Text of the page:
Monday seemed to be the Lady Blazers’ night in Jackson, Tennessee, as they upset the mighty No. 1-seed Union Lady Bulldogs, 66-58 at home in the NCAA Sweet Sixteen.
Maybe it was lady luck, or maybe it was just hustle and heart as every loose ball, every tipped pass, every long rebound seemed to end up in the hands of a Lady Blazer as they punched their ticket to the elite eight.
The last time the Lady Blazers (26-5) made it this far in March was in 1984, and not a single member of this team, coach or player had been born yet. However, they came together Monday night and held the top offense in the GSC under 50 points until the final minute of the game.
Even after allowing a 12-point scoring burst in the final minute-thirty of the game, the Lady Blazers held their opponent to 39% from the floor, much lower than the Lady Bulldogs conference best mark of 47.3%.
Before Monday night, the Lady Bulldogs (28-3) last loss was way back in November, after which they rattled off 24 straight wins, rolling through conference play. They’ve won their first five post-season games by an average of 18.8 points.
The most important piece to the Lady Bulldogs has been the GSC and D2CCA Region Player of the Year, Jaelencia Williams.
While few teams have been able to slow down the dominant 6-2 center, the Lady Blazers have one of the most suffocating defenses, not just in the GSC, but in the whole country.
The Lady Blazers’ 52.9 opponents points per game is the lowest mark in the GSC by five points, and the fourth lowest mark in Division II. Williams had to match up directly with the engine that powers that dominating Lady Blazer defense, Kwajelin Farrar.
Farrar, with the help of fellow GSC first-team member and front-court mate Nicole Heyn held Williams to 12 points on 5-10 shooting, and three turnovers. Farrar on the other hand stuffed the stat sheet with 19 points to lead the Blazers, eight rebounds, three assists, two blocks and a steal.
Heyn was all over the boards collecting a season high 16 rebounds to go along with ten points and three assists.
The game started out with both teams going to their star players inside on the first five possessions of the game. It became apparent early on that double and triple teams would be sent by both teams whenever the ball was posted up.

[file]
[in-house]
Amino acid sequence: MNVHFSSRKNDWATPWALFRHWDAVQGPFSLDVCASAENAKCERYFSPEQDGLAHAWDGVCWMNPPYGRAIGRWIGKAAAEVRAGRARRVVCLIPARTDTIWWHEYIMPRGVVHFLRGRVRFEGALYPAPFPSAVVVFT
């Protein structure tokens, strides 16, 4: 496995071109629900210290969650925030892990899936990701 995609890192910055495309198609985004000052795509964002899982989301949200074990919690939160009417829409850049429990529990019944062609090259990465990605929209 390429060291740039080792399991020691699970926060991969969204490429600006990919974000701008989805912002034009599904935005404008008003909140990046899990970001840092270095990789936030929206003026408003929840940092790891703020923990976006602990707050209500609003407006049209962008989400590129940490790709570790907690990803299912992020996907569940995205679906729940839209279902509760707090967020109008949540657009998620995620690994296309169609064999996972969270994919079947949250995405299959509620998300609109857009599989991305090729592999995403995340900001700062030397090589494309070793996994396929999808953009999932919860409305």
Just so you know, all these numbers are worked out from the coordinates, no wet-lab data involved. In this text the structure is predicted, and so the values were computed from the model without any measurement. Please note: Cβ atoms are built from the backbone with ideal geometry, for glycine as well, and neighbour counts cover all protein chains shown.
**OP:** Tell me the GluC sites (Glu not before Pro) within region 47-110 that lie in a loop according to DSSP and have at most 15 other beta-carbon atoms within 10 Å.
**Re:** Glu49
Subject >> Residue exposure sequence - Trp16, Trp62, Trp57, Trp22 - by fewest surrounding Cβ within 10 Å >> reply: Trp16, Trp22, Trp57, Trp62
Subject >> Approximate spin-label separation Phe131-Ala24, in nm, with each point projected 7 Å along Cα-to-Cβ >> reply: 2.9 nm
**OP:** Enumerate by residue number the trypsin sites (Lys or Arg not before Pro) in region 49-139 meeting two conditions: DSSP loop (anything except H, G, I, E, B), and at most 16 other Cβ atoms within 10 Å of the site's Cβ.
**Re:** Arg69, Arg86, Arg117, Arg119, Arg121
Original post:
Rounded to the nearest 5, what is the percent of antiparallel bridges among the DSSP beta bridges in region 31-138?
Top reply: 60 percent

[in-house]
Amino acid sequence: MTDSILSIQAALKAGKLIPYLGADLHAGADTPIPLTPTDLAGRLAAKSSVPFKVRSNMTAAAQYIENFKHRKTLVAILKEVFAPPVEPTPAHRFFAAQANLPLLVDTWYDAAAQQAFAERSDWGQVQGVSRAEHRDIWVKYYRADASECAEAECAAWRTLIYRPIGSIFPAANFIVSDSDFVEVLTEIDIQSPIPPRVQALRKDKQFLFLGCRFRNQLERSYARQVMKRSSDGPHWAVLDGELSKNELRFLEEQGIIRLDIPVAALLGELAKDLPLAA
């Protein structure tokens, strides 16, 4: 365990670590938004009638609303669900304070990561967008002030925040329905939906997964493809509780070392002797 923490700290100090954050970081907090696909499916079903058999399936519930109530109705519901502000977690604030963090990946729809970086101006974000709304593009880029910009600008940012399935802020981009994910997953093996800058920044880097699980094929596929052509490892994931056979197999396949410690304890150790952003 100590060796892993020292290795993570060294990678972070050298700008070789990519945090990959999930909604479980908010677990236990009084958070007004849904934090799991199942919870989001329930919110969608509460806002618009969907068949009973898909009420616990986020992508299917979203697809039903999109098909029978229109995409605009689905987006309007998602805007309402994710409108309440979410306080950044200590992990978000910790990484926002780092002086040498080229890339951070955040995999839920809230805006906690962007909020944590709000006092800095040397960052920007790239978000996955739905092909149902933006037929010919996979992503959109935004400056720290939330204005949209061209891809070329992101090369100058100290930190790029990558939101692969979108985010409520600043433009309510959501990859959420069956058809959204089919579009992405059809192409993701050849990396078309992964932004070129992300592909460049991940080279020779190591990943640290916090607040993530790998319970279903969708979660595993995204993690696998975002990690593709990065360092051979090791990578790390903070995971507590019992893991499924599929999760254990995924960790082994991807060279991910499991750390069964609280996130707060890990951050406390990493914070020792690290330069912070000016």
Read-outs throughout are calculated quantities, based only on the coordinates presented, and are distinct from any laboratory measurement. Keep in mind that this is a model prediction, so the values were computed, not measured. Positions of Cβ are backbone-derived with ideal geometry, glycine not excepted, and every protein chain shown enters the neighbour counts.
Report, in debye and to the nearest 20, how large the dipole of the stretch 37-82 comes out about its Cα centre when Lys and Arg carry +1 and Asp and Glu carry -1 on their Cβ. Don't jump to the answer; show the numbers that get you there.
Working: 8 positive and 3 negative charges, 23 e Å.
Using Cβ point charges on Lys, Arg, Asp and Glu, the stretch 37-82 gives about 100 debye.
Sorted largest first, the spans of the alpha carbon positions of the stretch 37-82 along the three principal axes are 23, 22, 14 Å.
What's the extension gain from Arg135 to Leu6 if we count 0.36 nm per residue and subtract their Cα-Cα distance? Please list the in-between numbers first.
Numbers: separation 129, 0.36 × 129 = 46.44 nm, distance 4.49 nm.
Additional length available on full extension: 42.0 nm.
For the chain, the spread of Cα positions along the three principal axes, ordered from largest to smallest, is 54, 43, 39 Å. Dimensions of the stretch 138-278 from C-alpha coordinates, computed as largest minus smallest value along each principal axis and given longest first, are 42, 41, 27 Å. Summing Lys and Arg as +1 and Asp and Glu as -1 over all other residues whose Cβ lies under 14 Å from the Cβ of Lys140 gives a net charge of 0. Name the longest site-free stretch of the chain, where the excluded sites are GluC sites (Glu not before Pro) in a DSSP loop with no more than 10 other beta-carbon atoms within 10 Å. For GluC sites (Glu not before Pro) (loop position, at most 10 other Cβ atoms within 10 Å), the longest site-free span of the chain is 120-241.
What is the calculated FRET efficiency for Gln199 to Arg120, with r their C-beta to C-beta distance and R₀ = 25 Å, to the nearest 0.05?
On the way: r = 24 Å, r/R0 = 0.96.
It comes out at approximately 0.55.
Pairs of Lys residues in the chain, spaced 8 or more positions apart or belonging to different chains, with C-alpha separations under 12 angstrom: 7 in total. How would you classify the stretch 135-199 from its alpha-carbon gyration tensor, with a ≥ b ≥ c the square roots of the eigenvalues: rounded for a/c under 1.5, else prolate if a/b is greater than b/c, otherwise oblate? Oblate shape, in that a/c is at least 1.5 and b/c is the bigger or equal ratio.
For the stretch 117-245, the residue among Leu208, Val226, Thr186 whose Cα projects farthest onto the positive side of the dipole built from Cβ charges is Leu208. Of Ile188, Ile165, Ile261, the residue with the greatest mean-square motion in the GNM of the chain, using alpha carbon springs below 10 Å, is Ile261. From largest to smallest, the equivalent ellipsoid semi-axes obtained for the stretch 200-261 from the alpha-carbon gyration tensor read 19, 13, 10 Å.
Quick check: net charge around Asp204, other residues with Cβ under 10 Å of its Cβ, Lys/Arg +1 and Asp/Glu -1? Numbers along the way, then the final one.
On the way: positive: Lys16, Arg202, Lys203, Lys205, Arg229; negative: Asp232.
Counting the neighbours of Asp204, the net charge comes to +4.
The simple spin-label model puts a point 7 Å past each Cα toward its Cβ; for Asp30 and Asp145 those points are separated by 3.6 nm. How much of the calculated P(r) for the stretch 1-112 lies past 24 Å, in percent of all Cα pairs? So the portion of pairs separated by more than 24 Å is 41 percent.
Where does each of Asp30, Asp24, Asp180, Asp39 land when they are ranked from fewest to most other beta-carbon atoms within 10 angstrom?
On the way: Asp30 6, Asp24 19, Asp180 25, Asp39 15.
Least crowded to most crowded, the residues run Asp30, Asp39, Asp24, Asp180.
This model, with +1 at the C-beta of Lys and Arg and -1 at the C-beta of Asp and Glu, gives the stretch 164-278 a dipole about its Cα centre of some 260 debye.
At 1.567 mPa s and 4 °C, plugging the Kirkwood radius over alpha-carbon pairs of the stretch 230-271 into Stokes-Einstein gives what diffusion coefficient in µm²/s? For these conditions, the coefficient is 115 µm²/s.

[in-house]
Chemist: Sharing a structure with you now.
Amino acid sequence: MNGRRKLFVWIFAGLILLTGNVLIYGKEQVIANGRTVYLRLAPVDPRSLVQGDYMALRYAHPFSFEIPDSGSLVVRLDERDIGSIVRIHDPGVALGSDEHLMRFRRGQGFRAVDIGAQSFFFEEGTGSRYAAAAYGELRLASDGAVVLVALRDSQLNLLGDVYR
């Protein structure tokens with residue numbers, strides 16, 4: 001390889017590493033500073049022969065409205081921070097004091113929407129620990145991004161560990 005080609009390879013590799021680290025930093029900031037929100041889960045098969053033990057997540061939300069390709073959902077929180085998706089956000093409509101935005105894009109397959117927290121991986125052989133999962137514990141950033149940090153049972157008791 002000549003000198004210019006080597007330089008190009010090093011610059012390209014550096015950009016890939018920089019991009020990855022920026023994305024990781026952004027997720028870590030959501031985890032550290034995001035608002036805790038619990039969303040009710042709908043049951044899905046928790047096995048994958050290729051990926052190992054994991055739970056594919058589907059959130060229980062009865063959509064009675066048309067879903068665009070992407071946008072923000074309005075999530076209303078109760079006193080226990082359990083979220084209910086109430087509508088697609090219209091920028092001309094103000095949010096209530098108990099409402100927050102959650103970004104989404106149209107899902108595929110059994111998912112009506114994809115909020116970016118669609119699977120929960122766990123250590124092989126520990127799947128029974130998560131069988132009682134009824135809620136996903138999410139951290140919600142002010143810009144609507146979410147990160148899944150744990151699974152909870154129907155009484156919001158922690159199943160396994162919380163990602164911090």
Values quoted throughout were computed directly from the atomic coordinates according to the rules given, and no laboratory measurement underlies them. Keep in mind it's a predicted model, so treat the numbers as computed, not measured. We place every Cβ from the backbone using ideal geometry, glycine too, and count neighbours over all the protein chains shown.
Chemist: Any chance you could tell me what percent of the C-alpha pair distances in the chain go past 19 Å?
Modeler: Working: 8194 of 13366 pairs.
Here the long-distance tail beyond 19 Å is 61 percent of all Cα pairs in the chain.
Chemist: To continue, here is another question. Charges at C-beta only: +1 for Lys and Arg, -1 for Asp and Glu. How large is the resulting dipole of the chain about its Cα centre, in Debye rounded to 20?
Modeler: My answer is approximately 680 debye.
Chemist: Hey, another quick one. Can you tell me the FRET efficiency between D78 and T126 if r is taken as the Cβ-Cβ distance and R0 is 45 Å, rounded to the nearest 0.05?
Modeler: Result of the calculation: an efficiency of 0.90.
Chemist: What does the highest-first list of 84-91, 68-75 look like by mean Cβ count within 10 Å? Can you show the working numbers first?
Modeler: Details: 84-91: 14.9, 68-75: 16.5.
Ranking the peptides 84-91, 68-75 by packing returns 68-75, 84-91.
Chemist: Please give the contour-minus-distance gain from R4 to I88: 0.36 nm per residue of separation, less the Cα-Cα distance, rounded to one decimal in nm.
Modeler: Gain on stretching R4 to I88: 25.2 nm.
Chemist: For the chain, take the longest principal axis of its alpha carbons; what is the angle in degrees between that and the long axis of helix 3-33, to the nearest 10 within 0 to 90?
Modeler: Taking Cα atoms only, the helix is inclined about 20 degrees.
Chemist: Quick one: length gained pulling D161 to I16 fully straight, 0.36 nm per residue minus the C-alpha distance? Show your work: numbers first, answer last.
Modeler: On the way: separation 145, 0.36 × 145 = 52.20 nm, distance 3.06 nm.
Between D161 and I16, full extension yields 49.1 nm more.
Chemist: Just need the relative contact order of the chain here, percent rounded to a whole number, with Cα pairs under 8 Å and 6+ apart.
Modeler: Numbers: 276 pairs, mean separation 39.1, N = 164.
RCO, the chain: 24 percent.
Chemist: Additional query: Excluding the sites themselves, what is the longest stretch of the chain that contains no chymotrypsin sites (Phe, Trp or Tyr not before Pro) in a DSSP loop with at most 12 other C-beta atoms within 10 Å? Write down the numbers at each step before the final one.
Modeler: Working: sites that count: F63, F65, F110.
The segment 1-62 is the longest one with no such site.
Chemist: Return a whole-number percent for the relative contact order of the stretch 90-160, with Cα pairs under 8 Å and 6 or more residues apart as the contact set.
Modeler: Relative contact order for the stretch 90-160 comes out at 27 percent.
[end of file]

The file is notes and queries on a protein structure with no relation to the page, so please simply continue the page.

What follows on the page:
As the rhythm of the game began to get established Farrar seemed to be more poised on both ends than her opponent in the paint.
As the Lady Blazers opened the first quarter 17-12, Farrar scored eight points and an assist while, holding Williams to four and forcing a turnover.
In the second quarter, the Farrar and the Lady Blazers defense dug in and held the GSC’s best offense to only six points.
Nothing was coming easy for the Lady Bulldogs. They couldn’t even get the easy transition buckets after a VSU miss or a turnover as four or all five Lady Blazers raced back on defense.
Despite 22 turnovers from the Lady Blazers, the Lady Bulldogs scored only three fast break points and 12 points off turnovers in the game. They scored one basket on ten Lady Blazers’ turnovers in the first half.
The turnovers started hurt the Lady Blazers in the third quarter and the Lady Bulldogs got back in the game; it looked a lot like the last time these two teams played.
On Jan 22, the Lady Blazers were up 35-22 at halftime, but the Lady Bulldogs used a 17-6 third quarter to get back into the game eventually win it, 59-56.
It started to feel like déjà vu Monday as the Lady Blazers’ turnovers kept giving the Lady Bulldogs chances to catch up in the third quarter. What started as a 16-point lead was cut to only three with as many minutes left in the frame.
Twice late in the third quarter, Union got the ball on offense down only three points. Both times they came down the floor and did what you might expect the most accurate 3-point shooting team in the nation (39.8%) to do, they let it fly.
Considering it was Bethany Dillard (41%) and Emily Beard (45%), two of the top 30 most accurate shooters in the country (Beard ranks second nationally), most days you’d take that if you’re the Lady Bulldogs.
Not on Monday, not against the Lady Blazers. Both misses were well off-target. Neither were the kind of threes that the Lady Bulldogs had been nailing all season; neither were within the flow of the offense.
But not much was coming within the flow of the Lady Bulldogs’ offense against the Lady Blazers. The team shot 7-25 from deep, and 1-11 when they needed it most late in the third and in the fourth. Dillard and Beard combined to go 2-12 from deep.
Shanique Lucas hit 4-8 from deep for most of her 19 points to lead the Lady Bulldogs. She also played a big role in the Bulldogs’ 12-point late fourth quarter scoring explosion that could have taken the lead.
However, the Lady Blazers hit 19 of their 27 fourth quarter free throws to keep the Lady Bulldogs at arm’s length. The Lady Blazers’ only field goal that quarter came from a Tamiya Francis lay-in with seven minutes remaining.
Francis, a sophomore point guard finished 3-3 from the field and hit four of her five free throws for 11 points. Freshman guard Taylor Searcy has been stellar off the bench for the Lady Blazers in the tournament and she had another 15 points, two assists, and five rebounds on Monday.
The turnovers didn’t cost the Lady Blazers this contest thanks to lock-down defense and cold shooting from their opponent. As they go deeper into march they may not be so lucky, and ball security will be more important.
The Lady Blazers don’t play again until Monday, when they’ll face off against their Elite Eight opponent, 5-seed Western Washington (23-5), in Birmingham, Alabama, with tipoff at 9:30 p.m.
Written by Nathan Harrell, Co-Sports Editor. Photo courtesy of VSU.